Mother's Day 2014. From Left to Right: Alicia Cook, Gail Cook, Thomas Cook, and Kellie Cook.
The definition of "Superhero" is as follows: a fictional character who has amazing powers (such as the ability to fly) OR a very heroic person. So, when I think of a superhero, my mind does not automatically go to fictional men in tight spandex.
When I think "superhero," I think of Gail Cook, mother of three, and someone I have the privilege to call "Mom."
My mother is not a fictional character; she is supremely real. The most honest, caring, humble person I know. She has dedicated her life to others. Long before she was "Super Mom," she was a 28-year-old young woman taking care of her dying mother. Making sure her nails were painted and that she was bathed. Spending endless hours at her hospital bedside. Her own mother would keep thanking her, only for my mother to say, "Mom, you took care of me my whole life, now it's my turn to take care of you." During that time, my mom sacrificed many of the "normal" things women her age were out doing to take care of her mother with no remorse, and I know she would do it all over again without batting an eye.
Her own mother passed before my mother was married and had me, her firstborn, and then my sister and brother. People these days sometimes scoff at the "stay-at-home mom" thinking it's a breeze. Trust me, knowing my siblings and I, it wasn't. While my father worked long hours in the Newark Fire Department, my mother had her hands full with no one to really assist her. She had three kids in four years. None of us went to daycare or preschool.
My mother taught us all how to count, say the alphabet, color in the lines, spell our names, everything young children going into kindergarten need to know how to do. Her kryptonite though, if you will, was the fact my left-handed mother had three right-handed children, so learning to use scissors was tough!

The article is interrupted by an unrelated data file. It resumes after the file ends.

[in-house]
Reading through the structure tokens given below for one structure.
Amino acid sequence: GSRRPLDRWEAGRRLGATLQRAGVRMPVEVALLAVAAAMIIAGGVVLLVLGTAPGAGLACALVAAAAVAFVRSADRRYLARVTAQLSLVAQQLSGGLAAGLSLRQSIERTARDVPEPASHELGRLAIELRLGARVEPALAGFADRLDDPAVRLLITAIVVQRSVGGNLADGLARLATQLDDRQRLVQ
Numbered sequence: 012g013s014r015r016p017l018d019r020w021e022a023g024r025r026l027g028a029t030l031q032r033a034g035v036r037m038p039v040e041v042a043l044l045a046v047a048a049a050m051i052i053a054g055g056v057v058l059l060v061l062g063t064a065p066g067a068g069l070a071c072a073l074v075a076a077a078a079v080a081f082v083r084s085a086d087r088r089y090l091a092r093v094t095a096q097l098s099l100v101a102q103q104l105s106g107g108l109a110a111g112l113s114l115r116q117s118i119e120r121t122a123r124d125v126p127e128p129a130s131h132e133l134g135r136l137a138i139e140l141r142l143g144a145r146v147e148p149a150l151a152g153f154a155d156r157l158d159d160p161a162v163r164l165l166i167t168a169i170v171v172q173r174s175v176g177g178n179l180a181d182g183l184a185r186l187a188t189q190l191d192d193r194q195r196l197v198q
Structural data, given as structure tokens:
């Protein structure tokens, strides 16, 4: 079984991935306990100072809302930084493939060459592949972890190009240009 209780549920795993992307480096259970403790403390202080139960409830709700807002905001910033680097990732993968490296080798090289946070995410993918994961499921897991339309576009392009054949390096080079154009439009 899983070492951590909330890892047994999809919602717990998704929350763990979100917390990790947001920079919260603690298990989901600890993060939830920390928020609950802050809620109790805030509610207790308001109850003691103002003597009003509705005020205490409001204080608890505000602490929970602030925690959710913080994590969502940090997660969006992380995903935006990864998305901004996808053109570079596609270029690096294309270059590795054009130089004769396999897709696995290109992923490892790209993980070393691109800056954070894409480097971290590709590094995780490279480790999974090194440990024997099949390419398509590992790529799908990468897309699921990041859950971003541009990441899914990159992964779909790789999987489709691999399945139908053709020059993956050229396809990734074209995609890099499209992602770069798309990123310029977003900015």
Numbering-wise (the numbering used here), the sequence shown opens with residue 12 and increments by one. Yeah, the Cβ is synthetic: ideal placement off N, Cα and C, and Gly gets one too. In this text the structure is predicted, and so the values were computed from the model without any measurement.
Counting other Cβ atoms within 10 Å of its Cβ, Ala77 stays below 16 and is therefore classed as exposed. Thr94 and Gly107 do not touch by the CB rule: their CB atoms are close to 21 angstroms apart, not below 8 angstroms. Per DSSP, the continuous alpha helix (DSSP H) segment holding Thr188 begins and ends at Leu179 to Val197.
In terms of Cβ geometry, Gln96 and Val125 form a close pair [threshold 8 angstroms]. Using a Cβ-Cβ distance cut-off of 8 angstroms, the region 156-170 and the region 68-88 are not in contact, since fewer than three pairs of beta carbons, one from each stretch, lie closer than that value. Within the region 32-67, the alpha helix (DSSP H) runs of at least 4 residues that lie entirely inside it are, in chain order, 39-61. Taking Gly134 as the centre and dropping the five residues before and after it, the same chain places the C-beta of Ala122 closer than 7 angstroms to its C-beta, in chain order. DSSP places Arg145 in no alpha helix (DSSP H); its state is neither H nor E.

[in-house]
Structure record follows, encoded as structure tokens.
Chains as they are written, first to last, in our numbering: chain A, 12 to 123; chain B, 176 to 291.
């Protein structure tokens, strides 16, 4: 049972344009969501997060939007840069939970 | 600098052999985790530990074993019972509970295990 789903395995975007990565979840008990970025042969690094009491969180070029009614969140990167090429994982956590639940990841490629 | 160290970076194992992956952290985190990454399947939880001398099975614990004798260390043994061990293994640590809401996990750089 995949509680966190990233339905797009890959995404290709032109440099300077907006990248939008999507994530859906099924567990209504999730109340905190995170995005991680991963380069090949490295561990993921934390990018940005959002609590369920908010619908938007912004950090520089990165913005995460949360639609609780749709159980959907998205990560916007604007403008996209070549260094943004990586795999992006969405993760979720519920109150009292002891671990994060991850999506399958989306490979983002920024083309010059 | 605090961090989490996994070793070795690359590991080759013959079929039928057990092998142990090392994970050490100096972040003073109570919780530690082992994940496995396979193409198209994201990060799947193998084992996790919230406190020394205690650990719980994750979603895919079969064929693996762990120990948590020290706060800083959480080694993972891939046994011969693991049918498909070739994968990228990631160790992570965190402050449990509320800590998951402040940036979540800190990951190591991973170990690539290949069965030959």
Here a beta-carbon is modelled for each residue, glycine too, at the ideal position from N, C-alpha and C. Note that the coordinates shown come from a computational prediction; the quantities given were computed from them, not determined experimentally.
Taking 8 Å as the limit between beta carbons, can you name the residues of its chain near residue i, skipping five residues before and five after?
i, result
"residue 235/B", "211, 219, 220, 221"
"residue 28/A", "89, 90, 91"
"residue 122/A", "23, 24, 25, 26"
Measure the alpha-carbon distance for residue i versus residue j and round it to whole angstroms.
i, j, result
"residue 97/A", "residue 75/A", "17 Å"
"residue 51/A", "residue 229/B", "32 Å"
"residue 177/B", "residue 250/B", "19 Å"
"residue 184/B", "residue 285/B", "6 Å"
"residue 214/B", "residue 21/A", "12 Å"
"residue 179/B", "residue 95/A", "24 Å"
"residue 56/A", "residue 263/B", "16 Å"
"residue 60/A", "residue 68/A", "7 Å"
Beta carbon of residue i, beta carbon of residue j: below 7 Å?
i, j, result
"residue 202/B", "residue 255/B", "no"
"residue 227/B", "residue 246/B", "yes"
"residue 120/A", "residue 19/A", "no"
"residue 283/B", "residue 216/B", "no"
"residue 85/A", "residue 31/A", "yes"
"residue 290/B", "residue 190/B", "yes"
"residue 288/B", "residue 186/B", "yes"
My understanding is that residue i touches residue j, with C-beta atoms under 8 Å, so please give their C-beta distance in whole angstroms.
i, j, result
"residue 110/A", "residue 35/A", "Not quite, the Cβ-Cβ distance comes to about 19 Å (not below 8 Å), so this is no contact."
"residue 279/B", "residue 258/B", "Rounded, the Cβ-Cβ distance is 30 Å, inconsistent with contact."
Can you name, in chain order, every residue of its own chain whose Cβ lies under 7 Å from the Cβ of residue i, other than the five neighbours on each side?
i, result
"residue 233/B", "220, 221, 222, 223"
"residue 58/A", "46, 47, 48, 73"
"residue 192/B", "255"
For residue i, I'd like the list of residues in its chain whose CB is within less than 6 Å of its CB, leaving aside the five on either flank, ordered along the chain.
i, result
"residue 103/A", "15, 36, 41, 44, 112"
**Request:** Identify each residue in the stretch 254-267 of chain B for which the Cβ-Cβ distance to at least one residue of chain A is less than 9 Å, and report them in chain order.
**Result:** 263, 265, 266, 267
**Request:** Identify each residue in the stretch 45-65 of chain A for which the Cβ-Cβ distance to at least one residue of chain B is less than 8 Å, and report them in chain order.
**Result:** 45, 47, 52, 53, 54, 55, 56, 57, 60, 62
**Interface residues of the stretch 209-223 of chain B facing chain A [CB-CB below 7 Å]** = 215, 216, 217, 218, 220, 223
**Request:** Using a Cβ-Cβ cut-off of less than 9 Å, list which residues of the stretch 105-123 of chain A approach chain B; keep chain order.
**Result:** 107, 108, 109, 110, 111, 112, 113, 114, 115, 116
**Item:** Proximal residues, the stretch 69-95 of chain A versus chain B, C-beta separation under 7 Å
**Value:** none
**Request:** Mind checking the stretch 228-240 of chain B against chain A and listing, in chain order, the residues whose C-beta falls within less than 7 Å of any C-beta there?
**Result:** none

I experienced kidney failure when I was just 2 yearsold. I don't have my own memories of this, but according to everyone around me, my mother was a force to be reckoned with. At the Children's hospital, there can't be overnight guests. At least that was the policy until Gail Cook's kid got sick. She spent any night in the hospital that she could that month I was there, simultaneously driving hospital security nuts.
From early on all the way through high school, my mother was on the PTA, field trip chaperone, baker at the bake sales, library volunteer, book sale cashier, you name it, for us. She dropped us off at school and picked us up. She brought us to our after-school activities and sat in the car and read until they were over. And even better, we wanted her there. I didn't like being apart from my mother, I am 29 years old and I still don't like being away from her for too long. I believe this is a true sentiment of all she ever wanted to accomplish as a mother. Her kids love her unconditionally and wholeheartedly.